While most of us know Danny Fuller as the Kauai-bred barrel charger, there’s another facet to his life where he’s equally talented—his photography. Born and raised on the Garden Isle and constantly traveling the world in search of the next big drainer, it was a natural progression to start shooting photos of the places he visits and the island he calls home.
And while the photos look like they were taken in the daytime to the untrained eye, they were actually done in the wee hours of the morning using an extra long exposure technique and a fancy Hasselblad camera. Take it from me, Fuller is extremely dedicated to his work—we were recently on Moorea together and after a full day of surfing, he drove to a secluded beach at 11pm on a star-filled night to do his thing while the rest of us slept like babies.—JC
To check out more of Daniel Fuller’s work, go to www.danielfullerphotography.com
“The capabilities of modern technology are vast, and, I feel, it can provide us with a new vision, a new insight, and a new way of looking at a familiar subject. The beauty of the world that surrounds us is not so much in the modern world, but more in the one that has been lost because of our complacency; our refusal to recognize its majesty.”— Daniel Fuller.
The Lost World is an exhibition of nine photographs from Daniel Fuller ’s Moonscape Series.
The Lost World exhibition examines the planet we inhabit—a world that increasingly exists of opposing forces. Mankind’s attempt to capture the rudiments of these forces in a more meaningful and positive manner is the challenge he faces—be it through correcting global warming or environmental policy that honors nature. While technology has been an instrument of beneficial change, all too often, it has been one of ultimate destruction as well. Nature, in contrast, remains constant; a rich tradition linking our past to our future. The Lost World urges us to respect and care for the beautiful world we all call home.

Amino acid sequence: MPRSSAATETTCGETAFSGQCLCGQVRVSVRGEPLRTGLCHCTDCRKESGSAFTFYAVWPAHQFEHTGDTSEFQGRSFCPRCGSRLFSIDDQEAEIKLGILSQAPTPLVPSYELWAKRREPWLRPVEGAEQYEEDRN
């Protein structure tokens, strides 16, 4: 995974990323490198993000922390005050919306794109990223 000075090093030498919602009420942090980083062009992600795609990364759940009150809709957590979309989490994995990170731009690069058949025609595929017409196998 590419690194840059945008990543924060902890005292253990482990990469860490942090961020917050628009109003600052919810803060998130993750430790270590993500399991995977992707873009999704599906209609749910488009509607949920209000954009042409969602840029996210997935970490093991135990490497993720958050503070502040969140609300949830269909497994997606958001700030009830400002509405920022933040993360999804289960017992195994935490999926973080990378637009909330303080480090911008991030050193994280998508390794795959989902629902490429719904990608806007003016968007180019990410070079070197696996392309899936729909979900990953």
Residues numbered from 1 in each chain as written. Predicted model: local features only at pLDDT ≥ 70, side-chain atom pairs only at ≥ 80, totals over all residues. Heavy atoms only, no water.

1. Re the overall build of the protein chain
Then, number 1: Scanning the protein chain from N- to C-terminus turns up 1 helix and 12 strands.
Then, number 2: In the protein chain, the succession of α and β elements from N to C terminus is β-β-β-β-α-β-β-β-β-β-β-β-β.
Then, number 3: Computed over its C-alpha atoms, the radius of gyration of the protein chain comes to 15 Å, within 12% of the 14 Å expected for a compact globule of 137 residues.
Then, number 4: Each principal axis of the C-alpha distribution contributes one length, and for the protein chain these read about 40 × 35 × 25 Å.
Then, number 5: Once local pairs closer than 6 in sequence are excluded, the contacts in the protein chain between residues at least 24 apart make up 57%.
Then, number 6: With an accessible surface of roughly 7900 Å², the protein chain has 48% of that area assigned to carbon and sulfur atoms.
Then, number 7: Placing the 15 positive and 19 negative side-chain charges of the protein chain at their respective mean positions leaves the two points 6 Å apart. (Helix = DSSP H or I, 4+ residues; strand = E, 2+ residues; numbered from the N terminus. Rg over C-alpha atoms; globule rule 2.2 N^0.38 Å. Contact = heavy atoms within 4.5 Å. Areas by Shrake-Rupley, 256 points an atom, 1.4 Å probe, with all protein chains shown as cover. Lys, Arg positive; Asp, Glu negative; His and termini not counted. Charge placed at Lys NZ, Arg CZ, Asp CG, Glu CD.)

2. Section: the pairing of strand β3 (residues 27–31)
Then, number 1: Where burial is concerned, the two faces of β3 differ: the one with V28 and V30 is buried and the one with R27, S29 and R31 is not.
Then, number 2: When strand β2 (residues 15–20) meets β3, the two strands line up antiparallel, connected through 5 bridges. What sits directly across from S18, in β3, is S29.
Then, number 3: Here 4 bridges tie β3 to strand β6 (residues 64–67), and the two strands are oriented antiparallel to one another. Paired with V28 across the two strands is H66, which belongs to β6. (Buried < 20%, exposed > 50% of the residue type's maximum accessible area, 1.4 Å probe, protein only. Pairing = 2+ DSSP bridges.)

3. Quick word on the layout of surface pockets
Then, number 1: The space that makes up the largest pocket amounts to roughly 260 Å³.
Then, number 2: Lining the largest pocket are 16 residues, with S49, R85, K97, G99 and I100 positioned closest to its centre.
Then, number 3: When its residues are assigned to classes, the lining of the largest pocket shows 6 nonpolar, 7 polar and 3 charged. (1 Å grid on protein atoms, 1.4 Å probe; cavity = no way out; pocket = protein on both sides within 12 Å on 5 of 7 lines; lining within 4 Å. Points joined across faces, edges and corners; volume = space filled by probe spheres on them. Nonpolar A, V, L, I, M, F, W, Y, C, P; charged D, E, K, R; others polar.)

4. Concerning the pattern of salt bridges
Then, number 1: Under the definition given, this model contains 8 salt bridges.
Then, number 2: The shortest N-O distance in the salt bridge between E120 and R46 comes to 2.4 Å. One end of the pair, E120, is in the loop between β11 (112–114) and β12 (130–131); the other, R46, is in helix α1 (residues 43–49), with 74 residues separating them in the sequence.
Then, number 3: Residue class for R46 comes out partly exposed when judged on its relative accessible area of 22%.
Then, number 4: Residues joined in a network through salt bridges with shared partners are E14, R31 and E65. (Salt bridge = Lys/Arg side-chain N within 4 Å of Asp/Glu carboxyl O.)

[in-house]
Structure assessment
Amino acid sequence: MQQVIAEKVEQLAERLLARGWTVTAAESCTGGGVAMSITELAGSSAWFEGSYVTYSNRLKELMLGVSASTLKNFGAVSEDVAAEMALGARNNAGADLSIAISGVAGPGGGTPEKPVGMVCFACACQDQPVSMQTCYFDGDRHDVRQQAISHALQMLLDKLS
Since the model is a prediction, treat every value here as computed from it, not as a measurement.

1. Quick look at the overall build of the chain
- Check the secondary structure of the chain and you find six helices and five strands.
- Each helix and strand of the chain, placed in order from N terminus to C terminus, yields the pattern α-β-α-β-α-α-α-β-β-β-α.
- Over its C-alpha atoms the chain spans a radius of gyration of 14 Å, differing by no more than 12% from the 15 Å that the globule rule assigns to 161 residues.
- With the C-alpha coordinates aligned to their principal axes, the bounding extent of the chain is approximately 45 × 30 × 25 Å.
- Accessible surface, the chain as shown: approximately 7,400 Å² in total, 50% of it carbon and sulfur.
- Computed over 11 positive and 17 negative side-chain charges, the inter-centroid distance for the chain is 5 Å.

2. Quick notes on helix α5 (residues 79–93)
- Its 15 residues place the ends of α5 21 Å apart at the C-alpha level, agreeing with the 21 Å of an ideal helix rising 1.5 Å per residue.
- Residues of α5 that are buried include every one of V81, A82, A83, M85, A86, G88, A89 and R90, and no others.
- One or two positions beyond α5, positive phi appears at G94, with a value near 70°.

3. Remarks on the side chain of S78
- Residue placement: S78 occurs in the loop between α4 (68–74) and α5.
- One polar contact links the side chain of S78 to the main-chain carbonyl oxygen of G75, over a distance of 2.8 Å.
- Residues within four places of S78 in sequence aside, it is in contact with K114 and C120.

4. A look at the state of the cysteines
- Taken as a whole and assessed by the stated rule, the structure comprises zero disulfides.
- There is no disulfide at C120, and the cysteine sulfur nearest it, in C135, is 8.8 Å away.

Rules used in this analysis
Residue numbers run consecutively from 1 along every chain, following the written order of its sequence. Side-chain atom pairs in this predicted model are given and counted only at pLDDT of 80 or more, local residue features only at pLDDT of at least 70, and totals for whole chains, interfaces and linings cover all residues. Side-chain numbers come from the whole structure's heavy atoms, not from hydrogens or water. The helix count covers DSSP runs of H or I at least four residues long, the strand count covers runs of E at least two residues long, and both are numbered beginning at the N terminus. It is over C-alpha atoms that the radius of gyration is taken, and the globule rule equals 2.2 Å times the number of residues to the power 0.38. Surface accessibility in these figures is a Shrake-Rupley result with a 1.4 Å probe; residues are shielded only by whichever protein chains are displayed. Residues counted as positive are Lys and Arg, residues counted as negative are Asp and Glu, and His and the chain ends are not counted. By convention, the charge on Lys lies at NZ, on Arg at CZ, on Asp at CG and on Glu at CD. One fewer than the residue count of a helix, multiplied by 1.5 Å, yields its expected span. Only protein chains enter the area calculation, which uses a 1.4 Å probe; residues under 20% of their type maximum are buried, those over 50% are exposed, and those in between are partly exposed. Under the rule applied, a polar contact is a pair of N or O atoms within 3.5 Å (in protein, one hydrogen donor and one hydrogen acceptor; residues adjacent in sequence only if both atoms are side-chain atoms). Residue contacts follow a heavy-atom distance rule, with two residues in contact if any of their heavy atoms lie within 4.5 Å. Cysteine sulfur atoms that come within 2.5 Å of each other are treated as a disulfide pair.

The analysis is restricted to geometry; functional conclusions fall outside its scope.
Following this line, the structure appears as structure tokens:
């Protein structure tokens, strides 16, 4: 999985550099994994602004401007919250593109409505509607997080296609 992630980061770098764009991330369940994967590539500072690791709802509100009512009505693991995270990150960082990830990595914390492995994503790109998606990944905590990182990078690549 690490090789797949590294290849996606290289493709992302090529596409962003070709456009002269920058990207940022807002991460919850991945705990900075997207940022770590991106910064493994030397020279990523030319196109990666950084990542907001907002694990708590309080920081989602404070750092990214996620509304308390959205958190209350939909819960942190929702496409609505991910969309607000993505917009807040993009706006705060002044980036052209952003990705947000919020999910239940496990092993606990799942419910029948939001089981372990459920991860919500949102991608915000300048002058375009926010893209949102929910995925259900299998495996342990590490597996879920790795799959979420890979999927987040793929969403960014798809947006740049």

Bio: Daniel Fuller was born in 1982 in Hanalei, Kauai. He spent his early years surfing the heavy Pacific waves of the Hawaiian Islands, becoming the extreme waterman he is today. At the age of 17, while traveling the world as a model and renowned professional surfer, he began to take advantage of his new experiences and the beauty that surrounded him by documenting the different cultures, peoples and landscapes he encountered.
Fuller soon began to experiment more seriously with the art of photography; taking hundreds of photos, trying different cameras, and getting advice from the professionals that he was working with. He was influenced by various photographers, including the great Ansel Adams and Hiroshi Sugimoto.
The evolution of Fuller ’s craft was a natural and organic process for him. He compares the development of his photography to his surfing, in that each photograph is composed of elements of nature and the only way to truly improve is through trial and error.
Two years ago, in the backyard of his house in Hawaii, Fuller took in the beauty of an incredible full moon illuminating the Pacific Ocean. The vision evoked in him a deep curiosity and the determination to preserve it. That night, he photographed a single frame. Later, seeing the proof sheet, Fuller understood the possibilities. It was the catalyst of The Lost World.